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Coppell Arts Grew Alongside Wheelice Wilson Jr.

Coppell – One way to examine the rise of the arts scene in Coppell is to juxtapose it with the rise of the career of Wheelice “Pete” Wilson Jr.

When Wilson was teaching English and a slew of electives at Coppell High School in the 70s and 80s, Coppell was a tiny suburb trying to find its footing and identity. He guided the school through plays even though it did not have a drama class or theater component of any kind. As Wilson built the program there, Coppell began to build itself as well. As Wilson began to realize that a foundation of theatrical success was possible, the city felt a similar assurance.

When Wilson founded Theater Coppell in 1999, the city was so starved for a theatrical presence, it was eager to convert an unused fire station into an arts center as the group’s home base. Other arts groups would eventually join in, and the arts scene began to take on a life of its own.

Now not only does Theater Coppell serve the community, chopping at the bit while the pandemic plays out, there is also an orchestra, a ballet, a chorale choir, and a solid yet still emergent visual arts community of painters, sculptors, photographers, printmakers, and conceptual and textile artists. There’s even an Arts Council, which Wilson leads.

At the center of it all is the sprawling new Coppell Arts Center on Tate Street in the heart of Old Town Coppell, the newly developed retail and entertainment district.

The center has yet to hit on all cylinders due to COVID-19 restrictions, but its presence alone shows how artistic fortunes have steadily grown in a city where the residents no longer have to make a beeline for Dallas for arts entertainment.

“We’ve come a long way,” Wilson said from the arts center gallery where an exhibit of contemporary handmade quilts hangs from the walls. “I confess that somewhere around 1999 when we moved into the old arts center, I made it known to the city that I was in favor of building a new arts center. I waited until around 2006 before bringing it up again and around 2010 before we proposed a more concrete idea.”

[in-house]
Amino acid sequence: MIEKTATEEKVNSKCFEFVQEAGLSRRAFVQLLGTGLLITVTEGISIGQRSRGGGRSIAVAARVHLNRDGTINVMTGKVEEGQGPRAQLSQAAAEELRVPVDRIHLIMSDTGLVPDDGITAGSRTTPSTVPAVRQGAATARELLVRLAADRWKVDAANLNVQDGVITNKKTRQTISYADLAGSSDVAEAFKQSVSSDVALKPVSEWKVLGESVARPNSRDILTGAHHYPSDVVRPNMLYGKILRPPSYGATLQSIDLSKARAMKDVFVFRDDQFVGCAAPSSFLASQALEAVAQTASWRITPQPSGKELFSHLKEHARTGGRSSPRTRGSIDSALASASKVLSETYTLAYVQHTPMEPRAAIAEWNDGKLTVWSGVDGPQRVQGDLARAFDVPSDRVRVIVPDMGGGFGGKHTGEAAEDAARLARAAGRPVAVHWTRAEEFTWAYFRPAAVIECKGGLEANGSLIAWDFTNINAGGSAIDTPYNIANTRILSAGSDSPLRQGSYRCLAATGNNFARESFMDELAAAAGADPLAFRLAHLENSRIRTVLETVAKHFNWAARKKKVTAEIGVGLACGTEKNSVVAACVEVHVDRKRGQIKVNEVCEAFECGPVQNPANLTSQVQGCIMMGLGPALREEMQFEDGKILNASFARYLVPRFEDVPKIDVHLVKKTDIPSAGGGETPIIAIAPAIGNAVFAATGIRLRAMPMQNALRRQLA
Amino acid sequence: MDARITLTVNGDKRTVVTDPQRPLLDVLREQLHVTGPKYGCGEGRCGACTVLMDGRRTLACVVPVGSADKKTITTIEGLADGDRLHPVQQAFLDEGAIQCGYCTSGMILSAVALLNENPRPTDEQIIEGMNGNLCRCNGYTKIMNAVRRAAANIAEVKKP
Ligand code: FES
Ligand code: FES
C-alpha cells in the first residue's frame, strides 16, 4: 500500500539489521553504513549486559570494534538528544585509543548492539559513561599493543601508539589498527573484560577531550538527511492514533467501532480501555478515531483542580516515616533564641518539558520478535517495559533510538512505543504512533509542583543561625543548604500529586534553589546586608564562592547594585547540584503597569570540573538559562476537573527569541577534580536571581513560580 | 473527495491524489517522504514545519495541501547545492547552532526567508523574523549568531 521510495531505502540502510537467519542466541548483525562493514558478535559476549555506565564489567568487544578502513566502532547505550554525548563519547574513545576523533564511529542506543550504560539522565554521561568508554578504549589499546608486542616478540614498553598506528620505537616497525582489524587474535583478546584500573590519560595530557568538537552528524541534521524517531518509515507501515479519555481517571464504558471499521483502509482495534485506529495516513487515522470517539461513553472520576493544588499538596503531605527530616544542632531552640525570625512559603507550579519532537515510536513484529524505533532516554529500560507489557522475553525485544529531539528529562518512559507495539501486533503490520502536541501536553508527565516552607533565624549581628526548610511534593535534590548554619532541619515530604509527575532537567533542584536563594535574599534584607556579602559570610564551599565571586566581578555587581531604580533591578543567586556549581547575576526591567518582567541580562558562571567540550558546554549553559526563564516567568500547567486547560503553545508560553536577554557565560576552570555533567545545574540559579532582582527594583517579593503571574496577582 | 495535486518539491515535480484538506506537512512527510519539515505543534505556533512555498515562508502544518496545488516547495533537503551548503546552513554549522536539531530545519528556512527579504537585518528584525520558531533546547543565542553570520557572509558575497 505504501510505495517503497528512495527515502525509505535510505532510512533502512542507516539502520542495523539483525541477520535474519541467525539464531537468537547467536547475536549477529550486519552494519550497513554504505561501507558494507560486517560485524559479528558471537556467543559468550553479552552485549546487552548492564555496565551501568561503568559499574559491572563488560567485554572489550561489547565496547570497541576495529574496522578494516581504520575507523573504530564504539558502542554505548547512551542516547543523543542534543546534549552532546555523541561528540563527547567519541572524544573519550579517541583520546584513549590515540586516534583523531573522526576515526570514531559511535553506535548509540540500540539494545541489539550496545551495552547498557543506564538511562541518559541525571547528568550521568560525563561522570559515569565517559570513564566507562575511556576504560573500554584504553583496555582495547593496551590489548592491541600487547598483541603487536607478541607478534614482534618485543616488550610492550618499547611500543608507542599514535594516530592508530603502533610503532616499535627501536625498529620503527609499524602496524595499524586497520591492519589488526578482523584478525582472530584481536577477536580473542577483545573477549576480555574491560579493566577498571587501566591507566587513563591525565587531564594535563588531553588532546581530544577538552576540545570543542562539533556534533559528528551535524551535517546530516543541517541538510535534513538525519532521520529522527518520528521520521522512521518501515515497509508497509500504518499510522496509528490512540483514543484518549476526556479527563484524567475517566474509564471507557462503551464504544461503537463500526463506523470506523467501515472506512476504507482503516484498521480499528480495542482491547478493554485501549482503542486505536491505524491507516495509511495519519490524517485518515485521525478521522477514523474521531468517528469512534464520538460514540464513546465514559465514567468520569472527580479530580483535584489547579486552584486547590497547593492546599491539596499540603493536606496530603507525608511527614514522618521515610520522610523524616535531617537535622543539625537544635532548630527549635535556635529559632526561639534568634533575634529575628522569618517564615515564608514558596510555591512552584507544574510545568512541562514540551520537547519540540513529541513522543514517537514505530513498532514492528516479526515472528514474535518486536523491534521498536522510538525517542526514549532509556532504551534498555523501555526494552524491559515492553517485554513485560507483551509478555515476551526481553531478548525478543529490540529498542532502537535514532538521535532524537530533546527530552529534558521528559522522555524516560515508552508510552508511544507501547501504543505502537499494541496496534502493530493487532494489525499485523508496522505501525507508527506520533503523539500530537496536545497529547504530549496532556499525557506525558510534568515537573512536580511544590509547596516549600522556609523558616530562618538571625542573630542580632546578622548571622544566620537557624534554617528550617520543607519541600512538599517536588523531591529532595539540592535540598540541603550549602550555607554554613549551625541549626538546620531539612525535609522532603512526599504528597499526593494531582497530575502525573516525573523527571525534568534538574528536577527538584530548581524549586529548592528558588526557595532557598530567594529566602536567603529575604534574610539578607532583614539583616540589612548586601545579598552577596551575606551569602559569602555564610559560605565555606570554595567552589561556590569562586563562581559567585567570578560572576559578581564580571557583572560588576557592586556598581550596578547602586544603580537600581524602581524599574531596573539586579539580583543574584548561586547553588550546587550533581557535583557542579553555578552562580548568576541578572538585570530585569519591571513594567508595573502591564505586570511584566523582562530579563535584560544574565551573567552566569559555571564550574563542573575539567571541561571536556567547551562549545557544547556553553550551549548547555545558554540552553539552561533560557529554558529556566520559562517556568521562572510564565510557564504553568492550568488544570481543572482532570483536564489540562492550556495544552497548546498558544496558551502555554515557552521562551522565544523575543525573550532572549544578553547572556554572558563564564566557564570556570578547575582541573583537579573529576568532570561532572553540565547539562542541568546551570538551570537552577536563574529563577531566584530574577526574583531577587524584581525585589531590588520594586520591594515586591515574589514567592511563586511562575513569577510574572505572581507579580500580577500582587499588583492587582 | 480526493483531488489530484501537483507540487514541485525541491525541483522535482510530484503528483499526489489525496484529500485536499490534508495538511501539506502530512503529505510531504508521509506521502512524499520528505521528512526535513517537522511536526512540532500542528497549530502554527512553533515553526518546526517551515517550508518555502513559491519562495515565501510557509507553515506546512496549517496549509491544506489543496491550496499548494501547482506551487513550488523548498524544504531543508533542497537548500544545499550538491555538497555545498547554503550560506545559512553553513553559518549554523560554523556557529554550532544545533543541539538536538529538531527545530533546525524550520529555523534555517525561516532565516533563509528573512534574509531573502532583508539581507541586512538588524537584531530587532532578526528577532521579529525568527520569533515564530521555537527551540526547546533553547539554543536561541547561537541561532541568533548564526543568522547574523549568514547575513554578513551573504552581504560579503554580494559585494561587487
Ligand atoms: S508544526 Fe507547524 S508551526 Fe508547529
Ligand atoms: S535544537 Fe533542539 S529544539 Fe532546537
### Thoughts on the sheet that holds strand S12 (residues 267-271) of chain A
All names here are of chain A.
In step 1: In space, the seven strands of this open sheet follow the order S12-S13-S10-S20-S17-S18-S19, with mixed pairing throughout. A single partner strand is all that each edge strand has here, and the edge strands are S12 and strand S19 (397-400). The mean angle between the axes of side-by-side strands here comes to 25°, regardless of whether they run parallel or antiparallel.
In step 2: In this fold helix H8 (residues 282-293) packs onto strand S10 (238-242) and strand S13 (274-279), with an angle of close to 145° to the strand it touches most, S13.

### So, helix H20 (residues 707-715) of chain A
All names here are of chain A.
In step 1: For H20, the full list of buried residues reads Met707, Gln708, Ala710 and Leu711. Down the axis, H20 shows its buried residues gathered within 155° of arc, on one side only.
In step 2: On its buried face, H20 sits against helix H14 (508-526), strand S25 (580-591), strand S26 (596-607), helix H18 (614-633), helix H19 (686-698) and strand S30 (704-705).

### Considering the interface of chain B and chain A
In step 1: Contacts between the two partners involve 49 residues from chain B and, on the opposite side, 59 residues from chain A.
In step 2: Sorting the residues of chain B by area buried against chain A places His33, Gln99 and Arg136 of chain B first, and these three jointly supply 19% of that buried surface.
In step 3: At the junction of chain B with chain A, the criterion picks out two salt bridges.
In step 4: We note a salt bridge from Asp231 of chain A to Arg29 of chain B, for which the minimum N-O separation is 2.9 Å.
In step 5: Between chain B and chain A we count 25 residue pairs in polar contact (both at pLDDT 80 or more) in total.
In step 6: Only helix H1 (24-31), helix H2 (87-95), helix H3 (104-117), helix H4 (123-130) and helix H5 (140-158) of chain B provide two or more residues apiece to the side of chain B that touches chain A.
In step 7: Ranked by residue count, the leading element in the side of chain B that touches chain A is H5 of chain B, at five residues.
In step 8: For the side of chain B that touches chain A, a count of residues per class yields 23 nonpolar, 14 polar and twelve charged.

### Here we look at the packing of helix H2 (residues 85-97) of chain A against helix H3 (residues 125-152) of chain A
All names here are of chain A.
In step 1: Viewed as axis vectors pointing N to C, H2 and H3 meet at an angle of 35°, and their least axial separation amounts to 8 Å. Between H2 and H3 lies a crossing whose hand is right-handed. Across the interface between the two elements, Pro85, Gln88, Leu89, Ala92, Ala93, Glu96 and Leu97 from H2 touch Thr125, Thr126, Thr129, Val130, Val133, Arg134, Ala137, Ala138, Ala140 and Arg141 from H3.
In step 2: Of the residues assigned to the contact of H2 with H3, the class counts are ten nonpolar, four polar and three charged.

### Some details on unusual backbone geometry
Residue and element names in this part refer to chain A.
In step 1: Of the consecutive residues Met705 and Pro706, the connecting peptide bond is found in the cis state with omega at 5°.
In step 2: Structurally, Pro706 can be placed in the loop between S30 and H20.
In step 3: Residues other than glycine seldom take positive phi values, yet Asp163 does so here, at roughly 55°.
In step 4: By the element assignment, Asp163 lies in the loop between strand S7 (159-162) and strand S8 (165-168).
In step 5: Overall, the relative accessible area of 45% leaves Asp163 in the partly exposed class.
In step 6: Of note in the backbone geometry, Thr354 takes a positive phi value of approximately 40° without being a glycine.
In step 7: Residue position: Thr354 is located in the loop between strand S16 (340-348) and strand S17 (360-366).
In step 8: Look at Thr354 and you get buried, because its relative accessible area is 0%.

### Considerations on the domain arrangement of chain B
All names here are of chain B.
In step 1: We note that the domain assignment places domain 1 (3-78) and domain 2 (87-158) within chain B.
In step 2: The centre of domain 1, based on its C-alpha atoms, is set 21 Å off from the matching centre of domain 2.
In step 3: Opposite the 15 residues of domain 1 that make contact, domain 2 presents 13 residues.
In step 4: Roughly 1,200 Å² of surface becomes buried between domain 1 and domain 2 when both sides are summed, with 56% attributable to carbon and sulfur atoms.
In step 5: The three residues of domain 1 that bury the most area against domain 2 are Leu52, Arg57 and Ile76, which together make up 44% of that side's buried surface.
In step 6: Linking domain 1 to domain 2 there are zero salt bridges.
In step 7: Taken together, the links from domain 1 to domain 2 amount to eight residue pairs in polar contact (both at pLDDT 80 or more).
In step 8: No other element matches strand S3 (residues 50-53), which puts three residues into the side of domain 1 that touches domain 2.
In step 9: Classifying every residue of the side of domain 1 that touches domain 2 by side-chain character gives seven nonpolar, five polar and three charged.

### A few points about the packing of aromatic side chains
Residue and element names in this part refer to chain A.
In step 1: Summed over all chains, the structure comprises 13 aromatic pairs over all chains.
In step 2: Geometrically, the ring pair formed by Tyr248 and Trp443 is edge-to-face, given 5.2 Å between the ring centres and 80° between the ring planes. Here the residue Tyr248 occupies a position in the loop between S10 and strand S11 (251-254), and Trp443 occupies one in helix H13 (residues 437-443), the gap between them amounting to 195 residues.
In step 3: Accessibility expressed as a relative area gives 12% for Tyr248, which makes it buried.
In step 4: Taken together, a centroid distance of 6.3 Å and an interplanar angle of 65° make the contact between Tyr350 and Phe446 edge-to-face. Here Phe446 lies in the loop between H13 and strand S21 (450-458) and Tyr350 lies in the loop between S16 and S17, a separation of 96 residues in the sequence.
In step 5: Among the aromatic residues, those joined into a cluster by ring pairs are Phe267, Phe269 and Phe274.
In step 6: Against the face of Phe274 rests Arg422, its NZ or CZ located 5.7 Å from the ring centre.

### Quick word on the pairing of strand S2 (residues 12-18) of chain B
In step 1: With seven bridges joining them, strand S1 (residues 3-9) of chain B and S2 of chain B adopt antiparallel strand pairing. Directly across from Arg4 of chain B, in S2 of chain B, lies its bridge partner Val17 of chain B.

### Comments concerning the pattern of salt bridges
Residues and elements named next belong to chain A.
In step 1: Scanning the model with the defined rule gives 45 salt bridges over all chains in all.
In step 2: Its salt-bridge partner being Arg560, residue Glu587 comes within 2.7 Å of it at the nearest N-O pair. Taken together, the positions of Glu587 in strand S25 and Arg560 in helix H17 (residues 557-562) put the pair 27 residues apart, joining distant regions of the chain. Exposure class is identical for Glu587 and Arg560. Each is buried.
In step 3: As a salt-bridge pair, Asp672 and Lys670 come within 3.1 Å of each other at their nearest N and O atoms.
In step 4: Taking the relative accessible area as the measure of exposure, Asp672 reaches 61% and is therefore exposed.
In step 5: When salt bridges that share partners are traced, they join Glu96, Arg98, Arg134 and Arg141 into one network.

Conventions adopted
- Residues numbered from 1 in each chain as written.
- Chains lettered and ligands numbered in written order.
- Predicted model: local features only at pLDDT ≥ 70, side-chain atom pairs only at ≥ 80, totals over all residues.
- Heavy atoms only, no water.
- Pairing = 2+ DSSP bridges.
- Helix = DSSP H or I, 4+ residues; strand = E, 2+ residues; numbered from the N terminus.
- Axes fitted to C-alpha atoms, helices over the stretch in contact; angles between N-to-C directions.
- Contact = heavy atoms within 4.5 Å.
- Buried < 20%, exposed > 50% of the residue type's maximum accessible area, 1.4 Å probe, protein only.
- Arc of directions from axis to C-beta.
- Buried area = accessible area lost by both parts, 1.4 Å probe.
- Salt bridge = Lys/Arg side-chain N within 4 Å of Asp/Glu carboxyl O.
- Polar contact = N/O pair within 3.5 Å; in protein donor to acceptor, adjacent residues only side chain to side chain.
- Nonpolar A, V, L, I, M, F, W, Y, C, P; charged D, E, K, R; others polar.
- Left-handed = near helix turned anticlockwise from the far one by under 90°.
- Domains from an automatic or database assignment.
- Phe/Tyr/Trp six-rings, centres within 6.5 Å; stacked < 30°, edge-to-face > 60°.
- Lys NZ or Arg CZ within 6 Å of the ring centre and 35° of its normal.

At one point, Wilson commissioned an architect to design an addition to the old arts center, which he knew was land locked and would prove a difficult task.

“I was playing a little politics here,” Wilson confessed, laughing about the maneuver. “I knew the city would look at it and say, ‘Oh, we are spending a lot of money on this little project. We might as well do something bigger.’”

Bigger is right. The center, which opened last May, has 32,000 square-feet to play with, including six versatile spaces. The main 440-seat hall will host everything from orchestral music to touring productions. There’s a 2,000-square foot multi-purpose reception hall and a performance plaza for outdoor events.

Then there’s the 196-seat black box space Theater Coppell will call home. It is named the Wheelice Wilson Jr. Theater.

“The Arts Center has been a dream of many citizens in Coppell, and Wheelice Wilson, Jr. was the driver of the discussion to build this new facility,” Ginene Delcioppo, the center’s marketing & ticketing supervisor, said. “His commitment to the arts in this community, and his entire family have been involved in the city of Coppell’s historical conservation. It’s a fulfillment of a dream to have the Arts Center built just for the arts groups here to share their art with the community.”

Wilson’s love of theater, and his tireless pursuit of it, reaches back to his senior year in high school when he first snagged a role in a play. He attended North Texas State (now the University of North Texas) and while studying remembers commuting from Denton to Coppell to Dallas where he was the director and associate producer for Dallas Repertory Theater, presiding over productions like’Ain’t Misbehavin,’Fiddler on the Roof’ and ‘Funny Girl.’

“It’d get home every night around 11:30,” Wilson said, “and start all over again.”

In Coppell, Wilson watched as smaller groups turned into larger ones, like the Coppell Chorale, which started with a pair of female singers.

“The chorale and orchestra and Coppell Creatives and the ballet have managed to do some virtual streaming. The chorale has even performed outside the center,” Wilson said. “We haven’t been able to do anything. First of all, you have to get actors willing to be close together to rehearse, and then you have to get an audience willing to sit in a small theater. You just can’t do that right now.”

They are, however, preparing to do a virtual a one-man performance made available in March.

“The key for all this is the arts center,” Wilson said. “I wanted for all of the arts to be able to come together and share what they have with the city. I also wanted it for educational purposes since there are a lot of people from Coppell and other places who are not involved in the arts at all. They don’t even go to museums. “It’s all about education. Maybe someone just used to watching football on TV will come in here one day because it’s local, and it’s right there, and go, ‘wow, this is not so bad. I think I’ll come back.’ That’s our goal.”